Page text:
Imogen Cunningham:

G. Gibson Gallery, Seattle
December 4 to January 3

The Dream (1910),

OF THOUSANDS OF portraits taken during her long career by pioneering photographer Imogen Cunningham (1883-1976), it is for her candid studies that she will be remembered: the rich, informal record she left of the writers, dancers, sculptors, painters, actors, filmmakers and other notables who made up the artistic milieu of the Bay Area during the sixty years she lived there.

People in their endless diversity and complexity were her passion. Beyond documenting her family, friends and associates, as a civil rights supporter she was preoccupied with recording the "minoritized" and disenfranchised of her century, producing countless portraits of blacks during the segregation years.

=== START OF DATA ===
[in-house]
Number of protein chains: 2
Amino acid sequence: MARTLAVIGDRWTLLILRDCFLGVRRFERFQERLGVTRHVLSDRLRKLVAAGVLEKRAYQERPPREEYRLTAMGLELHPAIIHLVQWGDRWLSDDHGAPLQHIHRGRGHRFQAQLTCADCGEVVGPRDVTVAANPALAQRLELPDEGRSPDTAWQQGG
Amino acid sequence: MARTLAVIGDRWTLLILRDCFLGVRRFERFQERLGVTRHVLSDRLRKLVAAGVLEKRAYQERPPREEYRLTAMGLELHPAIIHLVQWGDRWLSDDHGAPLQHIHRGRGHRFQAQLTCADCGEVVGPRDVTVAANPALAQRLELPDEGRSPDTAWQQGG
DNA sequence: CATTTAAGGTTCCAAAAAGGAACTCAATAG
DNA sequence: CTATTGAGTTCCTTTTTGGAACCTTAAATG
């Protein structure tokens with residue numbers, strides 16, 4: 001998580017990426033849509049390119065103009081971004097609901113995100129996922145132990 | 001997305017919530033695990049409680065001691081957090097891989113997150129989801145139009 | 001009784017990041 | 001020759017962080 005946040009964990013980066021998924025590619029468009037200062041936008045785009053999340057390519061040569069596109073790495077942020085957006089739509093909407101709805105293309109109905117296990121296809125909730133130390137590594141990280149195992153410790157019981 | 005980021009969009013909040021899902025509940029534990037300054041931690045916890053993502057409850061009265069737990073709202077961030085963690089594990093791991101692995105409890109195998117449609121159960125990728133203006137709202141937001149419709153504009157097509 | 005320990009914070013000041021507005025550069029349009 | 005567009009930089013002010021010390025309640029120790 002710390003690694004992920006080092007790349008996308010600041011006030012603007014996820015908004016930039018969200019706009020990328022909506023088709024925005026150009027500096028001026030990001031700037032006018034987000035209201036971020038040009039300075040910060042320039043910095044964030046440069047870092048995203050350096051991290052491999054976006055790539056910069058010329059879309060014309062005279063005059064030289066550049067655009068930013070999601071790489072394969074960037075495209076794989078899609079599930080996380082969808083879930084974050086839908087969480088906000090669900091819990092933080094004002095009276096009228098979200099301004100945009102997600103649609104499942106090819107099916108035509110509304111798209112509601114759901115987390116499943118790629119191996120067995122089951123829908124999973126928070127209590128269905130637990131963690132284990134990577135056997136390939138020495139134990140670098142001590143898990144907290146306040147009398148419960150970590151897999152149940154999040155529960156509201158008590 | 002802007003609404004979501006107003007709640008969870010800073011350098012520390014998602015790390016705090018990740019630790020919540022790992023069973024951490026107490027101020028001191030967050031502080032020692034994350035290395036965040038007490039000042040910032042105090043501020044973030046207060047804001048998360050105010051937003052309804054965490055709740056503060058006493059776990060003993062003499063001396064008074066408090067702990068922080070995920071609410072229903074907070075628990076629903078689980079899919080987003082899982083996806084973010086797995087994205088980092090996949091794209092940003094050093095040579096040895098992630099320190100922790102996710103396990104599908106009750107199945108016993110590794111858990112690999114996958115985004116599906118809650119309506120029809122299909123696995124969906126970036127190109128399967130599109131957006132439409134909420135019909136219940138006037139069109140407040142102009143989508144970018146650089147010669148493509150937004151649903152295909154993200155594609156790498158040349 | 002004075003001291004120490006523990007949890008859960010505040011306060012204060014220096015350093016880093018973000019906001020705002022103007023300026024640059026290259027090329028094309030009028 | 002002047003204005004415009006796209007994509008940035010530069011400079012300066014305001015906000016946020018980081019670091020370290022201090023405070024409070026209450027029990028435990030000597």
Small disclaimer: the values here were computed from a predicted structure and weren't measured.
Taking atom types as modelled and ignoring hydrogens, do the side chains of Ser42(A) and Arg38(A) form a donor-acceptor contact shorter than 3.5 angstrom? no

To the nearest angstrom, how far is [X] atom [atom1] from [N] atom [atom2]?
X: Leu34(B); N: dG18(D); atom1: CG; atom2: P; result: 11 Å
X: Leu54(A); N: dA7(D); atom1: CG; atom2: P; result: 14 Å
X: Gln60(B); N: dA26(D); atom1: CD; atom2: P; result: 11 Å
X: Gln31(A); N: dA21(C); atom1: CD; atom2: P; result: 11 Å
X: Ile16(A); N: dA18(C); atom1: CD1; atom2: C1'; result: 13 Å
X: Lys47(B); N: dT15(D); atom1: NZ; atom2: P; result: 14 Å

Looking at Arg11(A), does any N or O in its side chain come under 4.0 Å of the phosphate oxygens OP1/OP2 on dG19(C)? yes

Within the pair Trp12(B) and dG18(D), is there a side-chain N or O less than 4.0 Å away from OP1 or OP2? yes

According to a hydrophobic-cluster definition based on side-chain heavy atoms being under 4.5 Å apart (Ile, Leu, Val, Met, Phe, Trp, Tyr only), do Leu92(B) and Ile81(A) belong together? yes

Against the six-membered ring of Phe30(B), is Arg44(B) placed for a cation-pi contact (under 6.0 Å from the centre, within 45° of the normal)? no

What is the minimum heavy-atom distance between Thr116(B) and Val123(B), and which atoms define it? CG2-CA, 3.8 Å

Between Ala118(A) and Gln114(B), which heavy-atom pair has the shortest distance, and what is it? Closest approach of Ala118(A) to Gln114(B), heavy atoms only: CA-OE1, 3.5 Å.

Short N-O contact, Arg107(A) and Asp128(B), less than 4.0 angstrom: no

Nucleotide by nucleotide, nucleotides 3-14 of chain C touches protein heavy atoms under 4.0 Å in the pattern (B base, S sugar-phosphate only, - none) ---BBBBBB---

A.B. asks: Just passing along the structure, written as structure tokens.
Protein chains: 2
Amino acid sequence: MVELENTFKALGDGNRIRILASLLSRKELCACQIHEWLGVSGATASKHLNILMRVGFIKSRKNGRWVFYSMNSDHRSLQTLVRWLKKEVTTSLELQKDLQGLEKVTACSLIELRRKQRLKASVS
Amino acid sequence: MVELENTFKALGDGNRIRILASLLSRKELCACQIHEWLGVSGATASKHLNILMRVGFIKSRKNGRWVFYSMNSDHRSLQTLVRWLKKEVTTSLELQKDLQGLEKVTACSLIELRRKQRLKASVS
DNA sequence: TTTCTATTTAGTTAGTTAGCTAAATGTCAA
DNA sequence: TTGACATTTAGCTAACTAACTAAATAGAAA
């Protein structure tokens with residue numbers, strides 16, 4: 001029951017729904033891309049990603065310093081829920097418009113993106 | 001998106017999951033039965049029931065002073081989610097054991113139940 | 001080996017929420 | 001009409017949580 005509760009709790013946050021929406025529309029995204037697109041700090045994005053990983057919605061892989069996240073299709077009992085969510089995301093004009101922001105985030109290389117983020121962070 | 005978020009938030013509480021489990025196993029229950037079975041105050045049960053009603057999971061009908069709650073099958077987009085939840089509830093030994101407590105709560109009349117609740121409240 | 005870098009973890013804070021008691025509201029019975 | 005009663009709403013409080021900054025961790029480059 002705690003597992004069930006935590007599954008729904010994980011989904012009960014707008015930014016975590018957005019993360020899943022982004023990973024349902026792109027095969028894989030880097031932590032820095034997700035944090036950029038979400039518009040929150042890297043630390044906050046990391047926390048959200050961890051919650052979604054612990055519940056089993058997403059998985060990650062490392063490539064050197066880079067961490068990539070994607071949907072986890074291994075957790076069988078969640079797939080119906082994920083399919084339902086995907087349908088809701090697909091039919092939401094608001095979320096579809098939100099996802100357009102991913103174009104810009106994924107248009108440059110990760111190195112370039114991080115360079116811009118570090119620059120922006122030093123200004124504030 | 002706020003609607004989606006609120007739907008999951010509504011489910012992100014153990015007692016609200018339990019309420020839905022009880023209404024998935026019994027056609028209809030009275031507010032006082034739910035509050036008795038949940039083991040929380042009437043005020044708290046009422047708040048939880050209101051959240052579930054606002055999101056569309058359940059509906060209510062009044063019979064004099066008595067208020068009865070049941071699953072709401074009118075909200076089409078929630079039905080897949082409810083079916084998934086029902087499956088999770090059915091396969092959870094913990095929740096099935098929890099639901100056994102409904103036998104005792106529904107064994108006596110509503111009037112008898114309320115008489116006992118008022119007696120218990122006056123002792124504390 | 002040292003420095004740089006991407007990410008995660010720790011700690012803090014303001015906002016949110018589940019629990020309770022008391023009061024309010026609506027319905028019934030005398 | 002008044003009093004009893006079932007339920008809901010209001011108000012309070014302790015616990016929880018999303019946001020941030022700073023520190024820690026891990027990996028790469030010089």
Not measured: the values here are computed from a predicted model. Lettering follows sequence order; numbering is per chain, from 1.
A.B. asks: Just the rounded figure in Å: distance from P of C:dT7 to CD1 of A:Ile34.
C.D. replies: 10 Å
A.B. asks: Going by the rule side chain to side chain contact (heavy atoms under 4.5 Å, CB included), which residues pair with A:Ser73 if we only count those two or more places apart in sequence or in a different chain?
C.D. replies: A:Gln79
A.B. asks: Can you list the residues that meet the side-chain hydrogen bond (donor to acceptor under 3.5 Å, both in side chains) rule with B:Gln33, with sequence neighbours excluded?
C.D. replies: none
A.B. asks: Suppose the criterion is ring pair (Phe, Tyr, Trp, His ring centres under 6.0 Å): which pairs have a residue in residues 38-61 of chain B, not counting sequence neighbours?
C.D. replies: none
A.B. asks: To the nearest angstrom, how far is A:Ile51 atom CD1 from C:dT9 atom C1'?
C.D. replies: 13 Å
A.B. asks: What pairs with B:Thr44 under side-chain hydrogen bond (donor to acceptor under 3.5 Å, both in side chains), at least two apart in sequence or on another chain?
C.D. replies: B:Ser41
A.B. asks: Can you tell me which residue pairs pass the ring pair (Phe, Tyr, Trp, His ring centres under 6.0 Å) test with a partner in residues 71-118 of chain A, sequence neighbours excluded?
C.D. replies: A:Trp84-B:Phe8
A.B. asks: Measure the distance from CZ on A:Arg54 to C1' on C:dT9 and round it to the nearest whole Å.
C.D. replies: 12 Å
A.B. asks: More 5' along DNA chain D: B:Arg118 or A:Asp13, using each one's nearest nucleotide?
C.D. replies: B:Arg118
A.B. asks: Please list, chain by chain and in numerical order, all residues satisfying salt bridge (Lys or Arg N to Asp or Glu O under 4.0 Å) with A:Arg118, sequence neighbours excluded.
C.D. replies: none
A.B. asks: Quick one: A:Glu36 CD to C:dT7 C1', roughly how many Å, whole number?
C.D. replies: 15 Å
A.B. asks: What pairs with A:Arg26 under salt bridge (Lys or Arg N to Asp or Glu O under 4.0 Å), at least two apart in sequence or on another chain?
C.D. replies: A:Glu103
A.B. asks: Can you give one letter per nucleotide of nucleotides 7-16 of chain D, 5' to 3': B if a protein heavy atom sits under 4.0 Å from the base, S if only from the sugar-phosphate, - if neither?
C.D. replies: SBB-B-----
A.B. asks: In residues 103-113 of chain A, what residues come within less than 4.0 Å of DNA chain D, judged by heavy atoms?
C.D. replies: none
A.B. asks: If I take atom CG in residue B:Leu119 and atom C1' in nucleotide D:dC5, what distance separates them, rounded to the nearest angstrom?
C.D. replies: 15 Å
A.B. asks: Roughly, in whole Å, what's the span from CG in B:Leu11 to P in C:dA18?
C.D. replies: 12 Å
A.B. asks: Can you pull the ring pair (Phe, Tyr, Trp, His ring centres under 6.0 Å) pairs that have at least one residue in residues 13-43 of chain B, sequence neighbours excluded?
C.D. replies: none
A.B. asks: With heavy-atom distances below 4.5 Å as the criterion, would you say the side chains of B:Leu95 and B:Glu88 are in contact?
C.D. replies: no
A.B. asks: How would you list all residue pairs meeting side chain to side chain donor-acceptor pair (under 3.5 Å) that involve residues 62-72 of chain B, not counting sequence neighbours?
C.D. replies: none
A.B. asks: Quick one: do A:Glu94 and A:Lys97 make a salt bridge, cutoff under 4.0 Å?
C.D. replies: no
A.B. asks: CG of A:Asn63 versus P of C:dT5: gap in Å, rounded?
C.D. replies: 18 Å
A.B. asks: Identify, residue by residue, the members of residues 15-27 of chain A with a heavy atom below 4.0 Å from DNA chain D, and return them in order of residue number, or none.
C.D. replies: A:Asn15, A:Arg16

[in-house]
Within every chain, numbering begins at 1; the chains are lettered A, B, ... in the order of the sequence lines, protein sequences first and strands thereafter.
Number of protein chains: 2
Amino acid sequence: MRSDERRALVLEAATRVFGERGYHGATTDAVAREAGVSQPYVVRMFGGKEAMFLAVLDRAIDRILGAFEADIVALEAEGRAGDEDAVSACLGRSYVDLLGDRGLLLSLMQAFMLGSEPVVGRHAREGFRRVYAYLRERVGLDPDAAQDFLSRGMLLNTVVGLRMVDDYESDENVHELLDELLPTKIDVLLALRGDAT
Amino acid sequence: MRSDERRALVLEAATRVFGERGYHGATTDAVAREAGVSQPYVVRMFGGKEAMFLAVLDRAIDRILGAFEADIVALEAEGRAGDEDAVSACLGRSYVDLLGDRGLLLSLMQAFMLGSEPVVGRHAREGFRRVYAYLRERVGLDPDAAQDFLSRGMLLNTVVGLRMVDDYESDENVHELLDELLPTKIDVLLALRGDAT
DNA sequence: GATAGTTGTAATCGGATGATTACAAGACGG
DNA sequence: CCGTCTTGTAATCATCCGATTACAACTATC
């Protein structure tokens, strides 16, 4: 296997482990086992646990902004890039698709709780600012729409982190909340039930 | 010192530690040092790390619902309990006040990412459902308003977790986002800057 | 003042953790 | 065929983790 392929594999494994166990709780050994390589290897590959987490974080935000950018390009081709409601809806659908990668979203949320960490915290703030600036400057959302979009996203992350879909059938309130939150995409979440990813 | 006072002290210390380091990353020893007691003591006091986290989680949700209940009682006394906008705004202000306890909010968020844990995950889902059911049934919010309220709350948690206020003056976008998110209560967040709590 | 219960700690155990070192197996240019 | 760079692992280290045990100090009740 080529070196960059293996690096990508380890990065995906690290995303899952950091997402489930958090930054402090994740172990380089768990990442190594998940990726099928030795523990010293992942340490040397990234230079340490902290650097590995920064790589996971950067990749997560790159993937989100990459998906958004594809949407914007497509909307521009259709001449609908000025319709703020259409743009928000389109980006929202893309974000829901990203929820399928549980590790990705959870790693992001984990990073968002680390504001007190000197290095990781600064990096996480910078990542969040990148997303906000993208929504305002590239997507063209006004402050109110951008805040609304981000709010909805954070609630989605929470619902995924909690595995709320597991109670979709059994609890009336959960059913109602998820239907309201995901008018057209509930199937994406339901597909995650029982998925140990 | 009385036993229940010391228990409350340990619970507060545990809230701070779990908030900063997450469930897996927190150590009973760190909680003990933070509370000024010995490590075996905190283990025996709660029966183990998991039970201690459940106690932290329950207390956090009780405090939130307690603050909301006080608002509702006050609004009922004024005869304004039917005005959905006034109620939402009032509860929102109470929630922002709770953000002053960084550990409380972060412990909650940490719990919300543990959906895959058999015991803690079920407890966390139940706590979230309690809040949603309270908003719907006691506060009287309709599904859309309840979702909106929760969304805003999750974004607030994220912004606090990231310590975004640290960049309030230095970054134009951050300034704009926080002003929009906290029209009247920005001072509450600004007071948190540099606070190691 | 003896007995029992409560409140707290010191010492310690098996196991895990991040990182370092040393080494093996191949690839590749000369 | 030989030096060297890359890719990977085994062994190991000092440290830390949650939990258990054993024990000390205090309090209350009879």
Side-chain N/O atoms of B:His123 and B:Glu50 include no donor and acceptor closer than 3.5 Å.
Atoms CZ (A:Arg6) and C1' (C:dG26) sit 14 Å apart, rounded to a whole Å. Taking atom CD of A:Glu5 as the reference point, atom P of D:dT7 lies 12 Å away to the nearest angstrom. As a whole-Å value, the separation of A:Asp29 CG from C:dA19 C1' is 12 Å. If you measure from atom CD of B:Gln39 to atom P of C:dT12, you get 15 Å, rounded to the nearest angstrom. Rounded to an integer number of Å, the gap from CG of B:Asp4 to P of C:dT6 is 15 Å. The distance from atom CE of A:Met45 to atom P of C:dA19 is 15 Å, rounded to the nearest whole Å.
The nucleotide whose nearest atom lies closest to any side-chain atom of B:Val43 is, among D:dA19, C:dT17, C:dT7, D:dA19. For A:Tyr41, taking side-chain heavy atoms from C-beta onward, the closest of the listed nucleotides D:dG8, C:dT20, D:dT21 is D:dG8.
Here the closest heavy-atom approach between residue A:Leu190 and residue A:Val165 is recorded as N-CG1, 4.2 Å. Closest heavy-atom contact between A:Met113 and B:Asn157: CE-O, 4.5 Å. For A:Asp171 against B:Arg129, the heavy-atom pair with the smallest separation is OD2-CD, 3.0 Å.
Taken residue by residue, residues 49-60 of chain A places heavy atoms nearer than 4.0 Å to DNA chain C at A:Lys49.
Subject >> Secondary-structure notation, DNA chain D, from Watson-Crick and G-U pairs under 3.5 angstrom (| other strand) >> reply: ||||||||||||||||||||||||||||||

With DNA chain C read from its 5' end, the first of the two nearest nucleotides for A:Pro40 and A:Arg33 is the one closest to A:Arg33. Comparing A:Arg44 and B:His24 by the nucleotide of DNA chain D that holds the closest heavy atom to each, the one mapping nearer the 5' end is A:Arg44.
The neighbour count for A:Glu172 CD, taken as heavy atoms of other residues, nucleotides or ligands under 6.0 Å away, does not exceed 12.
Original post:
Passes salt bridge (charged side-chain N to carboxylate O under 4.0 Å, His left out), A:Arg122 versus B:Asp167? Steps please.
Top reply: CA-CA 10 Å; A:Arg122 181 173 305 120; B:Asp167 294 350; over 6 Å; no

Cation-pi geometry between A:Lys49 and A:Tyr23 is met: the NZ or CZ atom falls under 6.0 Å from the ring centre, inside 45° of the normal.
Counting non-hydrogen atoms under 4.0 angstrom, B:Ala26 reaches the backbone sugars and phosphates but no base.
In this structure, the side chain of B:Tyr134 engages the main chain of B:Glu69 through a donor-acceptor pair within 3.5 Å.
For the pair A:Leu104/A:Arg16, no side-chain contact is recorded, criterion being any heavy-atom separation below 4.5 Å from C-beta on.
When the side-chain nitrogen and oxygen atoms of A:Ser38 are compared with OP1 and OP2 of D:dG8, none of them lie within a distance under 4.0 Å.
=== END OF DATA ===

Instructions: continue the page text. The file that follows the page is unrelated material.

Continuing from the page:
The commissioned work she did for a living was seldom as satisfying. She tired of dealing with the "egotistic conflicts" of her sitters, complaining that "people want themselves the way they see themselves."

A quintessential westcoast artist - she was born in Portland and educated at the University of Washington - Cunningham started out in Seattle in the portrait studio of Edward S. Curtis. She set up her own studio in 1910, had her first one-person show in 1914 and her last (of her lifetime) in 1976.

Of Cunningham's two specialties, portraiture and plant forms, portraiture was foremost. The exhibition is the first this gallery has devoted to this aspect of her work. It is accompanied by a just-released book, Portraits, by Cunningham biographer Richard Lorenz, from which the above quotes are taken.

© Norah Kembar